Last week my classmates and I visited Chiswick House and Gardens in Hounslow, London. For info on how to get there and the opening times click here. The building we see today is how it has looked since 1950 but before then it was much larger with protruding wings at either side. Logic would lead you to believe that if the rest of the house was damaged during air raids during the war then there would be a great impetus to conserve and repair the house but no - oh no - it was someone's bright idea to tear some (most?) of the house down. The convent in Milan where Leonardo's Last Supper is was badly hit during the war but you don't see the Italians just knocking it down, do you? Although, maybe it was fate that the house should be dismantled - given most of the property that had been on the site was gone anyway (there was a massive Jacobean house that stood beside it that was demolished in the 1780s). As luck would have it, during the demolition a part of the house that was there before the addition of the wings (by the Duke of Devonshire: the same man who tore apart the Jacobean house) was found and it has since been restored from the ground up. That is not all though, the house has had a colourful history thanks to the financial difficulties of its owners. Their inability to keep the house running meant that it has been a mental hospital and a firestation before it was sold to Middlesex Council and then taken under the wing of English Heritage and ultimately given its Grade I listed building status.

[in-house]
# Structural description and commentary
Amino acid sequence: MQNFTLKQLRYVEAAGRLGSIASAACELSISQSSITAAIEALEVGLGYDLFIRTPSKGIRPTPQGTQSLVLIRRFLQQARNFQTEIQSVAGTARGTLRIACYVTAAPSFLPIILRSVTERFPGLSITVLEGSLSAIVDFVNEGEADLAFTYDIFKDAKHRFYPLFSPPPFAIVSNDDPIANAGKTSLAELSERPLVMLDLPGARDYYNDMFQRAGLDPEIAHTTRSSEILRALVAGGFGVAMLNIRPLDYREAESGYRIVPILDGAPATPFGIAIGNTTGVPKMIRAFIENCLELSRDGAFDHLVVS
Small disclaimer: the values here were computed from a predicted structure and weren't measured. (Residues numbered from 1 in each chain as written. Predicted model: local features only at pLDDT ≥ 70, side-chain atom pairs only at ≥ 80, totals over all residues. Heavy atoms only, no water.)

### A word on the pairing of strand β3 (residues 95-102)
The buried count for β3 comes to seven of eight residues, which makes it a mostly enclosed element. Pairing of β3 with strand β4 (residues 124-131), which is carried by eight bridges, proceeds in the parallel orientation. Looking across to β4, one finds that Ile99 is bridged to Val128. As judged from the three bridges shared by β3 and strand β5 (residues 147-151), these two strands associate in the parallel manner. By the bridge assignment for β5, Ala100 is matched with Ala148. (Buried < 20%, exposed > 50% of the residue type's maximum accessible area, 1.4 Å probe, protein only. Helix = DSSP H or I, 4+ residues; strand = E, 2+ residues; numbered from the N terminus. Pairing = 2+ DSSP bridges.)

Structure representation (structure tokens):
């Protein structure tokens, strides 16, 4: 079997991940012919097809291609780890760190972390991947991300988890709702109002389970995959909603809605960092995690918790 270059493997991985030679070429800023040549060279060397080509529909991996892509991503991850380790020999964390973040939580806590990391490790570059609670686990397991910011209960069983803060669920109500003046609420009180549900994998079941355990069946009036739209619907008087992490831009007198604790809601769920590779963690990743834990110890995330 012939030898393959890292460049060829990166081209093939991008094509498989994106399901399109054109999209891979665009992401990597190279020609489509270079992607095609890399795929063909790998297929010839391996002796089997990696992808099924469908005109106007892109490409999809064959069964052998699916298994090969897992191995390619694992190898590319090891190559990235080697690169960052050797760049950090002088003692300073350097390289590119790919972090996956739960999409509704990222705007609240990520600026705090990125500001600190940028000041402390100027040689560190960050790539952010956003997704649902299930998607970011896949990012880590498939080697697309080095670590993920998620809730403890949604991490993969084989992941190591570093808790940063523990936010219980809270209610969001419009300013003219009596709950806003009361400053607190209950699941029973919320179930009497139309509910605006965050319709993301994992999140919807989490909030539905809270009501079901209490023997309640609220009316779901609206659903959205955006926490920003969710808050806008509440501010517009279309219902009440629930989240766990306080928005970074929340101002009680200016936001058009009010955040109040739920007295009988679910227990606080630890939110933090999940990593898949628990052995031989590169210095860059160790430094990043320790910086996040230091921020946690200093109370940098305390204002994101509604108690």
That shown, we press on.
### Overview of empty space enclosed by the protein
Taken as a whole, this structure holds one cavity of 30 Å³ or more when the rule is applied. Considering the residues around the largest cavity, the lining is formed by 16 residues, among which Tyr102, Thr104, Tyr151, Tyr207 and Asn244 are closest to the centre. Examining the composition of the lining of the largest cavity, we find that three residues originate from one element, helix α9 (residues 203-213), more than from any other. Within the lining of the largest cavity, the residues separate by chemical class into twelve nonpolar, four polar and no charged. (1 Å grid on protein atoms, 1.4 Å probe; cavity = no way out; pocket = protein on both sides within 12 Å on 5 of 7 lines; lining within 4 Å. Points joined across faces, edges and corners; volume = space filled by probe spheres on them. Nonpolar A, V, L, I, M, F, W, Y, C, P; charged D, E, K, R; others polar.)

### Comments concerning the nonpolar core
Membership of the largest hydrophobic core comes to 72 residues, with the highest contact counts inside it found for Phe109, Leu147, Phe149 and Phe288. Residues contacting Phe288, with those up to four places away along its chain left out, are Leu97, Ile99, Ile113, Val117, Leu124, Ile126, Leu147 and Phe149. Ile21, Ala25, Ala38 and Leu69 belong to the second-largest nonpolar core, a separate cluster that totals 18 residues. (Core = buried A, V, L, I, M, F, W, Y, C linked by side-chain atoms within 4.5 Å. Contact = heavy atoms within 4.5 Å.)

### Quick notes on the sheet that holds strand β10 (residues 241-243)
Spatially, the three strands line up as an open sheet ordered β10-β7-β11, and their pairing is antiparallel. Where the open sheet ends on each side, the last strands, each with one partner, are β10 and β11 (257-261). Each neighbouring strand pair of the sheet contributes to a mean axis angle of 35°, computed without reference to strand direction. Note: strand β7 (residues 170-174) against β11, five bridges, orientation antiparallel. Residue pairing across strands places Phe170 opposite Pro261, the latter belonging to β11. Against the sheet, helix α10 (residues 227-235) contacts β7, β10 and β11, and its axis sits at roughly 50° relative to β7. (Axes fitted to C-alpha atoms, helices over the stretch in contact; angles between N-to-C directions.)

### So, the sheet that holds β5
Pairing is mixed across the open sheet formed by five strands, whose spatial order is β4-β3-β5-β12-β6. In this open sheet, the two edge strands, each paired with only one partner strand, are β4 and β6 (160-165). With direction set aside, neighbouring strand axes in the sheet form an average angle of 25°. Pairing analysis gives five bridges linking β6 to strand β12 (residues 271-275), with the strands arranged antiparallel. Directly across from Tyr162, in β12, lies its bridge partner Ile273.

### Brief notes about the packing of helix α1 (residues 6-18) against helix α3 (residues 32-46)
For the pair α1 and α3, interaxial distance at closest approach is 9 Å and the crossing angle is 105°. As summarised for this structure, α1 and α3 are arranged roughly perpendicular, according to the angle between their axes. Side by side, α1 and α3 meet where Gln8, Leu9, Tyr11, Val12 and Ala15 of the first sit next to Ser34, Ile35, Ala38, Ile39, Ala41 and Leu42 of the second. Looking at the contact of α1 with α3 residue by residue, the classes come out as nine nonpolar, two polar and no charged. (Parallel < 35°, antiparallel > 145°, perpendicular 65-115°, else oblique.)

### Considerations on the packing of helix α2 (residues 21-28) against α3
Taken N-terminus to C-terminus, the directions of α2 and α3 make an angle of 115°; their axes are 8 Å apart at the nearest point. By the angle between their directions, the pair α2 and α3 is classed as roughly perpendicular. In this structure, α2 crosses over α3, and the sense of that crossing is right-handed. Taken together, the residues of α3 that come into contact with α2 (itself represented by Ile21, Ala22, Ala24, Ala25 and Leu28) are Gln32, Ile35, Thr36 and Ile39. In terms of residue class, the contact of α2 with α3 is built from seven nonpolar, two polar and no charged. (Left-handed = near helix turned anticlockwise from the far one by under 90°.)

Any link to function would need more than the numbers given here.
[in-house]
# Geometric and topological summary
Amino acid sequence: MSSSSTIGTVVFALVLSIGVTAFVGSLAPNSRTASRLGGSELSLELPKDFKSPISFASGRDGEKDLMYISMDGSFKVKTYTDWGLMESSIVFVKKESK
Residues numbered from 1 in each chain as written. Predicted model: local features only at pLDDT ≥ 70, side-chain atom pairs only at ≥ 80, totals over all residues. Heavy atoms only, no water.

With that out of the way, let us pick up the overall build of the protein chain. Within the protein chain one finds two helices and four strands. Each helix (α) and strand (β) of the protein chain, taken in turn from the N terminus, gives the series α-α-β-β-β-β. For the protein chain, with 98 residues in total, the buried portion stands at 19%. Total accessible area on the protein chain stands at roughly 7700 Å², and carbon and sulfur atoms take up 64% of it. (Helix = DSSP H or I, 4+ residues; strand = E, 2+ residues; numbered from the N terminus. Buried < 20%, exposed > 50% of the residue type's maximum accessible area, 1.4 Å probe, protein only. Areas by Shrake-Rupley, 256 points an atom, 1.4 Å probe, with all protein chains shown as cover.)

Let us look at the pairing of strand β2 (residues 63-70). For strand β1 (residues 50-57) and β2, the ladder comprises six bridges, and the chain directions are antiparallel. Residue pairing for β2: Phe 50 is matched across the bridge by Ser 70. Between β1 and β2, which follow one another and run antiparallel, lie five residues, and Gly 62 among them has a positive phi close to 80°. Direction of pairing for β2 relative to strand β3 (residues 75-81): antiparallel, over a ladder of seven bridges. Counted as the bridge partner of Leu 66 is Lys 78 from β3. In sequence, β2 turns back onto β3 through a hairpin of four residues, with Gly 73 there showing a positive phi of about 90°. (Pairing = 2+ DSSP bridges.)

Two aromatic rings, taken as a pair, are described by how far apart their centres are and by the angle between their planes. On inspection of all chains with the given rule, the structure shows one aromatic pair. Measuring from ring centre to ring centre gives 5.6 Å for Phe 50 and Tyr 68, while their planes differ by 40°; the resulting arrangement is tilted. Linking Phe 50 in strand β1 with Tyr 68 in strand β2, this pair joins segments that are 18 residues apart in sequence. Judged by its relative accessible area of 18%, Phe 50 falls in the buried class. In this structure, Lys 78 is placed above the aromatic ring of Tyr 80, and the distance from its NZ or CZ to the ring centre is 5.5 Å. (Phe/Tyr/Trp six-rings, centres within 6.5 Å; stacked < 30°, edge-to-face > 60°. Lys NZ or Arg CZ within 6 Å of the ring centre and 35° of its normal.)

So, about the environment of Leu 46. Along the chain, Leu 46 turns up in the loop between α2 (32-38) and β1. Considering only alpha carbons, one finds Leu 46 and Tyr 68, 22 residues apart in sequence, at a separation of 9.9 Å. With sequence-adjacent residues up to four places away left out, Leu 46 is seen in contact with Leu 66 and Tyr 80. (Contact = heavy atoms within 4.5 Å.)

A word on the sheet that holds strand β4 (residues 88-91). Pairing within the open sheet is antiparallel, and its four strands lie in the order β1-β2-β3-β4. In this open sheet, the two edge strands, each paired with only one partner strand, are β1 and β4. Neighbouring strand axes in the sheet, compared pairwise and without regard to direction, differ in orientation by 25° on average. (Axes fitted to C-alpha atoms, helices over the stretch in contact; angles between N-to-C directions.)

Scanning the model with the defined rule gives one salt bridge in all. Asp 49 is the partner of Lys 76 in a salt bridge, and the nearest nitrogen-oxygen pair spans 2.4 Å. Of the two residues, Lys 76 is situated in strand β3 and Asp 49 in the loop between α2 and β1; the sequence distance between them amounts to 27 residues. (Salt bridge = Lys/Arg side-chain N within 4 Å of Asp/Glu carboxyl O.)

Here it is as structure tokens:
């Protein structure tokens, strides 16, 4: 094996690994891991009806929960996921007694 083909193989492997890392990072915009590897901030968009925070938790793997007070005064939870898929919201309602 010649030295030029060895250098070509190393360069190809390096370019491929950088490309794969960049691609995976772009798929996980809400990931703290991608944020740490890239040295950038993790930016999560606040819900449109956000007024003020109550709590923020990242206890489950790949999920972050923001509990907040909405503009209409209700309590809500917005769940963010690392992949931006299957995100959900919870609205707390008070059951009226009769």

Casting aside all the alterations made throughout time, the original house was built for Lord Burlington in the 1720s in the back garden of his Jacobean House already mentioned. It was designed by Burlington himself while William Kent gave him a helping hand with the interiors and gardens. It was initially separate from the neighbouring house. However, the house (in Burlington's time) did not have any real practical rooms. There was a number of halls, galleries and so forth but no kitchen or bathroom. There was, notably, a wine cellar. The villa was obviously an entertaining space but the issue still remains: where can you eat, and more importantly where could you go to the toilet? Burlington resolved this with ease: one would walk along the garden to the neighbouring house to use the facilities that are lacking in the villa. This was probably all well and good until he remembered he was in England and therefore decided it would be best to create a room to 'link' the two houses together. This is the part of the house that was rediscovered when demolishing the Duke of Devonshire's wings (of which the architect was John White).